What is a mole?
A mole or nevus is a dark, raised spot on our skin comprised of skin cells that have grown in a group rather than individually. These cells are called melanocytes and are responsible for producing melanin, the pigment (color) in our skin.
Moles can form from sun exposure, but we are also born with them, inheriting them genetically. Although a number of moles
Most people develop more moles on their skin naturally with age and sun exposure, and — most of the time — these moles are harmless. However, we need to conduct skin checks regularly (recommended monthly, especially if you have a relative with skin cancer, or at least every three months) to see if the moles have changed.
Characteristic features of Moles
Almost every adult has a few of them. Adults who have light skin often have more moles. They may have 10 to 40 moles on their skin. This is normal.
Most moles appear on the skin during childhood and adolescence. Moles will grow as the child (or teen) grows.
A mole on the body usually has these traits.
1. One color – Often brown, but a mole can be tan, black, red, pink, blue, skin-toned, or colorless.
2. Round in shape.
3. Flat or slightly raised.
4. Unchanged from month to month.
Some moles will darken, and others will lighten. These changes are expected and seldom a sign of melanoma, the most-serious skin cancer.
For adults, new moles and changes to existing moles can be a sign of melanoma. Caught early, melanoma is highly treatable.
Here are 3 facts that can help you find melanoma early and get treatment :
1. A change to a mole or a new mole is often the first sign of melanoma.
2. You can find melanoma early by checking your own skin.
3. If you see a mole or other spot that’s growing, itching, bleeding, or changing in colour, immediately have it checked.
Although moles have a distinct look, they may not look alike. Even in the same person, moles can differ in size, shape, or color. Moles can have hair. Some moles will change slowly over time, possibly even disappear.
It’s also important to know that moles can appear anywhere on the skin. They can develop on your scalp, between your fingers and toes, on the soles and palms, and even under your nails.
When are moles treated ?
Most moles do not require treatment. Treatment is required if the mole is :
1. Bothersome (rubs against clothing, etc.)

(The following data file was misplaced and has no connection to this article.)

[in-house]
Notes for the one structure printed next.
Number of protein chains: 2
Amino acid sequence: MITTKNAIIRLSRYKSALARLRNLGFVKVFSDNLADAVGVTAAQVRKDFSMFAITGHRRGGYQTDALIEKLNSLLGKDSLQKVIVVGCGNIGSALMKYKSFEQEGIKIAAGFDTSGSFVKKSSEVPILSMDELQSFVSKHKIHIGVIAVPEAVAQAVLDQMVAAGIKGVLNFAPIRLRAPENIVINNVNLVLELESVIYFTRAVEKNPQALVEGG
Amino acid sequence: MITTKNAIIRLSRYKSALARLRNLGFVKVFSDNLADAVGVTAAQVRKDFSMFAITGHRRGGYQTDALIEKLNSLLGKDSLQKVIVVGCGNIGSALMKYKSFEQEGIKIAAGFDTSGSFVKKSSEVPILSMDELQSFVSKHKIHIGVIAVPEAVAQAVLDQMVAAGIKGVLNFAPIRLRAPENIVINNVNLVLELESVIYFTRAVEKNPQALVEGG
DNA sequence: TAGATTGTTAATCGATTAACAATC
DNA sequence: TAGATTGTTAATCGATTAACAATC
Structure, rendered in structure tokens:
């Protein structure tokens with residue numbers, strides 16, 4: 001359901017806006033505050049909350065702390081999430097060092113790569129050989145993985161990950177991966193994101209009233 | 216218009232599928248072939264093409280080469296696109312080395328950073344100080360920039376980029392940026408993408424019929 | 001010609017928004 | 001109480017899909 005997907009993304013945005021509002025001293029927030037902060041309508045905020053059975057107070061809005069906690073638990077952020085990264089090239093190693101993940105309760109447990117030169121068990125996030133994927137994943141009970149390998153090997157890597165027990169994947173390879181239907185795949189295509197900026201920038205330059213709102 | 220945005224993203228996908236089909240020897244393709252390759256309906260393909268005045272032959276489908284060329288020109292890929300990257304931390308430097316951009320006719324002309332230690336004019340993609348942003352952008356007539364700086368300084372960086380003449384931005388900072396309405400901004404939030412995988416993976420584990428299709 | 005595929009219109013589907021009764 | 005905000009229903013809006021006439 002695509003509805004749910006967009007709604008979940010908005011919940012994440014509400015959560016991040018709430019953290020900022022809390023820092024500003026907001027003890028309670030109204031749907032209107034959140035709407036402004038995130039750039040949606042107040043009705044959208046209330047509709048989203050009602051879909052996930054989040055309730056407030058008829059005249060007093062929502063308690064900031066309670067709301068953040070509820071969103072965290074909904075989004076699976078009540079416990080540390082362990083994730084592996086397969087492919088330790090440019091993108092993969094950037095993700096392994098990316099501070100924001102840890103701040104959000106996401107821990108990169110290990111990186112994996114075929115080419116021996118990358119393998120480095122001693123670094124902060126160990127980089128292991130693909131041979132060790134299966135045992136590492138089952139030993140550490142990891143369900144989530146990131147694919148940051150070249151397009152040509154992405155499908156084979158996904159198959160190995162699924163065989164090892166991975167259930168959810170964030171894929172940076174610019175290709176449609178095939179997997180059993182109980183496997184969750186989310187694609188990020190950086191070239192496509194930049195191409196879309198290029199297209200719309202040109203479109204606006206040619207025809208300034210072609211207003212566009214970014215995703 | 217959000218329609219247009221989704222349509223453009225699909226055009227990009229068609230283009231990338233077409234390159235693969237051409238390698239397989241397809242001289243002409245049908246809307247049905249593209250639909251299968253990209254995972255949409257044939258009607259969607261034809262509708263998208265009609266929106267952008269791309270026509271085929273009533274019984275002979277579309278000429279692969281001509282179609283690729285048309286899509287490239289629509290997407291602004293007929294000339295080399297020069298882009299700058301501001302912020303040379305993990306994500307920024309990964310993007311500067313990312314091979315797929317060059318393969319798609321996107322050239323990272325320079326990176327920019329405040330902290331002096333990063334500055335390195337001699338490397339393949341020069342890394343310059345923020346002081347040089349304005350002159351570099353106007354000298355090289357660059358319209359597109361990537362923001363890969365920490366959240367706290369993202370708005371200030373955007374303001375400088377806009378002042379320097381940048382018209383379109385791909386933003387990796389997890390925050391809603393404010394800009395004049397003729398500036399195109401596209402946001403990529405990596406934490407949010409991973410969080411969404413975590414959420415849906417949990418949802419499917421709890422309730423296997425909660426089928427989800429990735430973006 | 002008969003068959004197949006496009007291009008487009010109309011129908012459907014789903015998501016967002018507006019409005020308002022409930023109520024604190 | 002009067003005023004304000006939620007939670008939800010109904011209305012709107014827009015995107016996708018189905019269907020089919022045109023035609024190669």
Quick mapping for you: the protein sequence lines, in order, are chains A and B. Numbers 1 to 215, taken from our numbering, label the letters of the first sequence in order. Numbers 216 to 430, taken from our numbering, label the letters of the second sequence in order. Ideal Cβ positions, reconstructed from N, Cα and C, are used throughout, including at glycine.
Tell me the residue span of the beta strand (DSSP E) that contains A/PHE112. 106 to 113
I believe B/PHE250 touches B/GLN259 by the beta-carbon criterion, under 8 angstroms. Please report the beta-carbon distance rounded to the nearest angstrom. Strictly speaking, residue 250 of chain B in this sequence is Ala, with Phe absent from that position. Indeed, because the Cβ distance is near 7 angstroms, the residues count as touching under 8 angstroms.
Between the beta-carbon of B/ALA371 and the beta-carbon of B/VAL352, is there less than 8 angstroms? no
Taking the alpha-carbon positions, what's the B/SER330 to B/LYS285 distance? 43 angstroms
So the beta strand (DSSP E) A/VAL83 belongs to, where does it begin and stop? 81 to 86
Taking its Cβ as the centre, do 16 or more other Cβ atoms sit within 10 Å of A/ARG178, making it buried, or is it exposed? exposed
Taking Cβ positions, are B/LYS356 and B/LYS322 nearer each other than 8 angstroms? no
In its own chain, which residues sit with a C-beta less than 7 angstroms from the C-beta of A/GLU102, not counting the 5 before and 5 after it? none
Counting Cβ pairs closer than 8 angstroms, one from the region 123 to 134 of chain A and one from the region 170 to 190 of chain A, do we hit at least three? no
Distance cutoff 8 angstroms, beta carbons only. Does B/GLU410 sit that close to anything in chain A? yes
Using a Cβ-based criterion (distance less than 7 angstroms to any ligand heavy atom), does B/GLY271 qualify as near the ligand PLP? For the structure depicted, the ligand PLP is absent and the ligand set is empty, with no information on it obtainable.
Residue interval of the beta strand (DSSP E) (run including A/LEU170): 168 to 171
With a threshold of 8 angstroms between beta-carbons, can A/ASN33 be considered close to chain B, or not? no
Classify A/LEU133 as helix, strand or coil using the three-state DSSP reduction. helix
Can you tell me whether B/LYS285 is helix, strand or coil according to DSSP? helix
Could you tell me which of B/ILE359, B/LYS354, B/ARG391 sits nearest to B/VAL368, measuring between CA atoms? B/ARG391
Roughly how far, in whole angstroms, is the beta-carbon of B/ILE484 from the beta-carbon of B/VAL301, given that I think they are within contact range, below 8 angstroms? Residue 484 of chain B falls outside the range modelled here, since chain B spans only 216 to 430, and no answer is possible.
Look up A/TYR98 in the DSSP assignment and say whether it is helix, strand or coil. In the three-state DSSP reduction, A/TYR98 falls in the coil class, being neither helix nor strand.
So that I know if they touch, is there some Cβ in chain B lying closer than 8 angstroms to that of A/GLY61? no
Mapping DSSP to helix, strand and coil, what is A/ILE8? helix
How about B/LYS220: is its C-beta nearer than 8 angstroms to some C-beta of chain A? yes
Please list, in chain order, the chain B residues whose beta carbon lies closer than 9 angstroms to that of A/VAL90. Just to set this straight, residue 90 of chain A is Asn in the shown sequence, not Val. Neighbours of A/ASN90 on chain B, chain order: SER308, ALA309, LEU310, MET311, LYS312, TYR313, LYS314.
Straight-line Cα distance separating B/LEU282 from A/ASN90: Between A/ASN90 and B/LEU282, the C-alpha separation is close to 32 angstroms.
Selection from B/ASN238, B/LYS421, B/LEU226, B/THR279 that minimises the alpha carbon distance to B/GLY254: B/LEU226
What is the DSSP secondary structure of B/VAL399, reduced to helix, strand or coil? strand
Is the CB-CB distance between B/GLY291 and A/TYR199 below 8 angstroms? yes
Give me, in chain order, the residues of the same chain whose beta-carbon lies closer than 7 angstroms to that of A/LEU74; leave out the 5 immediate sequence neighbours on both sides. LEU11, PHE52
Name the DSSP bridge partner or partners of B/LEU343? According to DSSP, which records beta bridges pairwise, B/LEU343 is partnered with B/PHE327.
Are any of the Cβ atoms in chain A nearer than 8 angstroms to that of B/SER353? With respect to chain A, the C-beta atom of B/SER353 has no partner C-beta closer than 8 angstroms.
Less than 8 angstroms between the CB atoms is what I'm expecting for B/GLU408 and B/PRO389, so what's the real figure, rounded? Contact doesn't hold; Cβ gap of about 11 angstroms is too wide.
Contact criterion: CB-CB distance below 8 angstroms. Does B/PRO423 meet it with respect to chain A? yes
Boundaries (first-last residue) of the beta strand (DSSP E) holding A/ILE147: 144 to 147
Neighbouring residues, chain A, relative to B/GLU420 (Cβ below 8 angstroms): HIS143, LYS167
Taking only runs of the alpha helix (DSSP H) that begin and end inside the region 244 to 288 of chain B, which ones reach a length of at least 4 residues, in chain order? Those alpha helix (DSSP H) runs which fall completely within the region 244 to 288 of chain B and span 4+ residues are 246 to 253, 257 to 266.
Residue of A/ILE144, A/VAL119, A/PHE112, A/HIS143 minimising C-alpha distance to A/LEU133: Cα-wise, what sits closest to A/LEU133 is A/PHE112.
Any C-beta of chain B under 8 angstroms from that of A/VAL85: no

2. Cosmetcially concerns a patient
3. Suspicious (could be skin cancer)
A mole can safely and easily be removed under local anesthesia. One of the following procedures may be used :
1. Surgical excision: Excising out the entire mole followed by skin closure with sutures.
2. Surgical shave: A surgical blade is used to remove the mole flush with skin.
How to know if your mole is safe
They usually have:
- neat edges,
- a smooth or dome-like shape,
- and stay the same shape, size or colour over time.
Warning signs that it may be cancerous
Look for these indicators that your mole may be cancerous:
- A change in size (getting larger)
- A change in shape (especially with irregular edges)
- A change in colour (especially getting darker or exhibiting multiple shades)
- A loss of symmetry
- Itchiness, pain or bleeding (maybe even forming a scab)
If you notice any of these symptoms, contact a doctor to have your mole examined.
The most-serious skin cancer differs from moles in that it tends to show one or more of the following traits:
A = Asymmetry. One half is unlike the other.
B = Border. An irregular, scalloped, or poorly defined border.
C = Color. Is varied from one area to another; has shades of tan, brown, or black; is sometimes white, red, or blue.
D = Diameter. Melanoma are usually greater than 6mm (the size of a pencil eraser) when diagnosed, but they can be smaller.
E = Evolving. A mole or skin lesion that looks different from the rest or is changing in size, shape, or color.
ABCDEs of Melanoma
If you see a mole or new spot on your skin that has any of the ABCDEs of melanoma, immediately have the mole checked.
20 – 45min